Biogen shuts digital health unit and exits Apple alliance

Apple Watch

Biogen has decided to close down its digital health unit, formed just two years ago, as part of a major cost-reduction drive that has already claimed thousands of jobs.

The decision – first reported by Stat citing Biogen’s head of corporate development, Adam Keeney – is not an exit from the digital health category, but an acknowledgement that Biogen will rely more heavily on external partnerships to fulfil its objectives in this area.

Among the immediate consequences of the retreat is the abandonment of a partnership with Apple set up in 2021 to develop digital biomarkers of cognitive health based on sensors in the Apple Watch and iPhone, according to the report.

The collaboration has revolved around the 23,000-subject Intuition study, which measured cognitive function using the Apple devices and just generated two-year data that was reported at this week’s DTx in Boston.

The study had been billed as a key element in Biogen’s push to improve the treatment of Alzheimer’s disease, tied to the recent approval of its Eisai-partnered therapy Leqembi (lecanemab), which needs to be given to people in the early stages of the disease.

Biogen’s head of cognitive & mental health sciences, Richard Hughes, gave an update at the meeting that showed the biomarkers were able to identify people developing cognitive symptoms, promising that plenty more insights from the data would be forthcoming.

A recent update on the database suggests that the study was completed on 19th September, a few days ahead of the Biogen announcement.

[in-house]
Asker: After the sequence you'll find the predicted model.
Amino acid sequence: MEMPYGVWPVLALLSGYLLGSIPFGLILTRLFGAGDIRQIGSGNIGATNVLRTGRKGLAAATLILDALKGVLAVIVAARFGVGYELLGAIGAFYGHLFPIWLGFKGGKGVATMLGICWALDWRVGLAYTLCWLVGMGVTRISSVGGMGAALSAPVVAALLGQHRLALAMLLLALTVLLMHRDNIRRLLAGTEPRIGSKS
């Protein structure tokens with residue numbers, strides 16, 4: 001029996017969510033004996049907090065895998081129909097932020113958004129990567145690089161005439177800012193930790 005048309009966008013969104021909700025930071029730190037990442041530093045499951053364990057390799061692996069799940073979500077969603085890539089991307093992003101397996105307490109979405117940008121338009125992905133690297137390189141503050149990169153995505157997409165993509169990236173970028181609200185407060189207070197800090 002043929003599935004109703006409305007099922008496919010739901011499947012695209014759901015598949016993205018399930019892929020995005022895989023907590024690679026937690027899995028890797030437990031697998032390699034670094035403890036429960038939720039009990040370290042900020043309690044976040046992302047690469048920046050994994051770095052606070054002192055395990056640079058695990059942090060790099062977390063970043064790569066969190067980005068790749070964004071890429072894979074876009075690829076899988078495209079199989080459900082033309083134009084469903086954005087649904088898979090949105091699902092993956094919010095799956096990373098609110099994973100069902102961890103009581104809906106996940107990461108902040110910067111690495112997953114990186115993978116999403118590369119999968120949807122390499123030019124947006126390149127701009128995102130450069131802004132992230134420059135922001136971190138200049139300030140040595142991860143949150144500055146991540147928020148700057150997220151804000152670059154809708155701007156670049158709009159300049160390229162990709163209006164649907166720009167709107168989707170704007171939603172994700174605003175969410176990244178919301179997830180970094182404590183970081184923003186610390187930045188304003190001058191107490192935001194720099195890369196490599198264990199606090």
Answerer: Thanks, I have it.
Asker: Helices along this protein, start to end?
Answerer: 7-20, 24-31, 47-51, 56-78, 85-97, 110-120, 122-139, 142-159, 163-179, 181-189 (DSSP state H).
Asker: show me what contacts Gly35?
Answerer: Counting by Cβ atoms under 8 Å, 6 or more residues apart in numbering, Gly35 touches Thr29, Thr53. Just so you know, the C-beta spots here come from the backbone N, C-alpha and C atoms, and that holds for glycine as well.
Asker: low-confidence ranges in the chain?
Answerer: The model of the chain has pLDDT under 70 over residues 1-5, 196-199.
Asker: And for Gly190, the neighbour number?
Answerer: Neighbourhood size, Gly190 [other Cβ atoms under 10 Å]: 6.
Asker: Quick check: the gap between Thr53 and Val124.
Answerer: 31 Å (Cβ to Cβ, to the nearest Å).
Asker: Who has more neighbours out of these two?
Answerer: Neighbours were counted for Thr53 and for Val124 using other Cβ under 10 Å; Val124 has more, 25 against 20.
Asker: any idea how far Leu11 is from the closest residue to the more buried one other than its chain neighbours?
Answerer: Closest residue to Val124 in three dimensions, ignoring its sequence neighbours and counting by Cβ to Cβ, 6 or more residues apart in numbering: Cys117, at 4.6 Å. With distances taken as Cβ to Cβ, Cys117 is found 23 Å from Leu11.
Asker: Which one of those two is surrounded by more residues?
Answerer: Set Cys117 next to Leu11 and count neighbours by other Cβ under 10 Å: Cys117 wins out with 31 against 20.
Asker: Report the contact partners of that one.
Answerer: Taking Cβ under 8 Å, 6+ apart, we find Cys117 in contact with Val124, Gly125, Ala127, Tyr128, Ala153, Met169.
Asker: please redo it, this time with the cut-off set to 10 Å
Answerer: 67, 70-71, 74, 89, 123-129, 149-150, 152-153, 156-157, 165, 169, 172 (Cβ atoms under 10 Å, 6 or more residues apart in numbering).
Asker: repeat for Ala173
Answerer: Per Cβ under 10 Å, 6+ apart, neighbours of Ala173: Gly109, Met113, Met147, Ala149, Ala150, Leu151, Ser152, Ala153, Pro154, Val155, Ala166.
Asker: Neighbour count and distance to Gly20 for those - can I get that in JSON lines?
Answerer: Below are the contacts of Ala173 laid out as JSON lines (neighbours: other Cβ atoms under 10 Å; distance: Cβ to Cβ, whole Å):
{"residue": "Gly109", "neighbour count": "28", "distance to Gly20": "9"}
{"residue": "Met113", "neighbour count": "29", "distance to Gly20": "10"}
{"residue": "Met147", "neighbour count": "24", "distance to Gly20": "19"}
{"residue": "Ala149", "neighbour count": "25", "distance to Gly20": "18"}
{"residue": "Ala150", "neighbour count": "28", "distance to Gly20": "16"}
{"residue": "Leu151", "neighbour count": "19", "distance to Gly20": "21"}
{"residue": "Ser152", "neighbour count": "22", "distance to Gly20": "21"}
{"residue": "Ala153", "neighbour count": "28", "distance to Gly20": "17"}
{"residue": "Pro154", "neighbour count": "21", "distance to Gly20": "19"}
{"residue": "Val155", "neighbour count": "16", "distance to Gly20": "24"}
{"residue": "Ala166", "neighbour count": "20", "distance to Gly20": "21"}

Biogen Digital Health was created in 2021 with a wide-ranging and ambitious remit to use digital technologies to transform the company and its interactions with health systems, with three locations in Boston, Zurich, and Paris employing around 150 team members.

The unit’s work spans four main areas, including the use of technology to improve R&D, developing digital tools for clinicians as well as patient-facing apps and wearables and digital therapeutics.

The dismantling of the unit is part of a much wider restructuring at Biogen that saw two major rounds of job cuts in 2022 and 2023, following the launch of Leqembi’s ill-fated predecessor Aduhelm (aducanumab), which was scuppered by reimbursement restrictions.

Aduhelm’s demise, and an expected slow take-up of Leqembi, came as the company’s longstanding multiple sclerosis franchise is being hit hard by generic competition and spinal muscular atrophy (SMA) treatment Spinraza (nusinersen), which has seen its growth stalled by rival therapies entering the market.

It is also in the midst of a planned $7.3 billion takeover of Reata Pharma, aimed at bolstering its product portfolio and pipeline.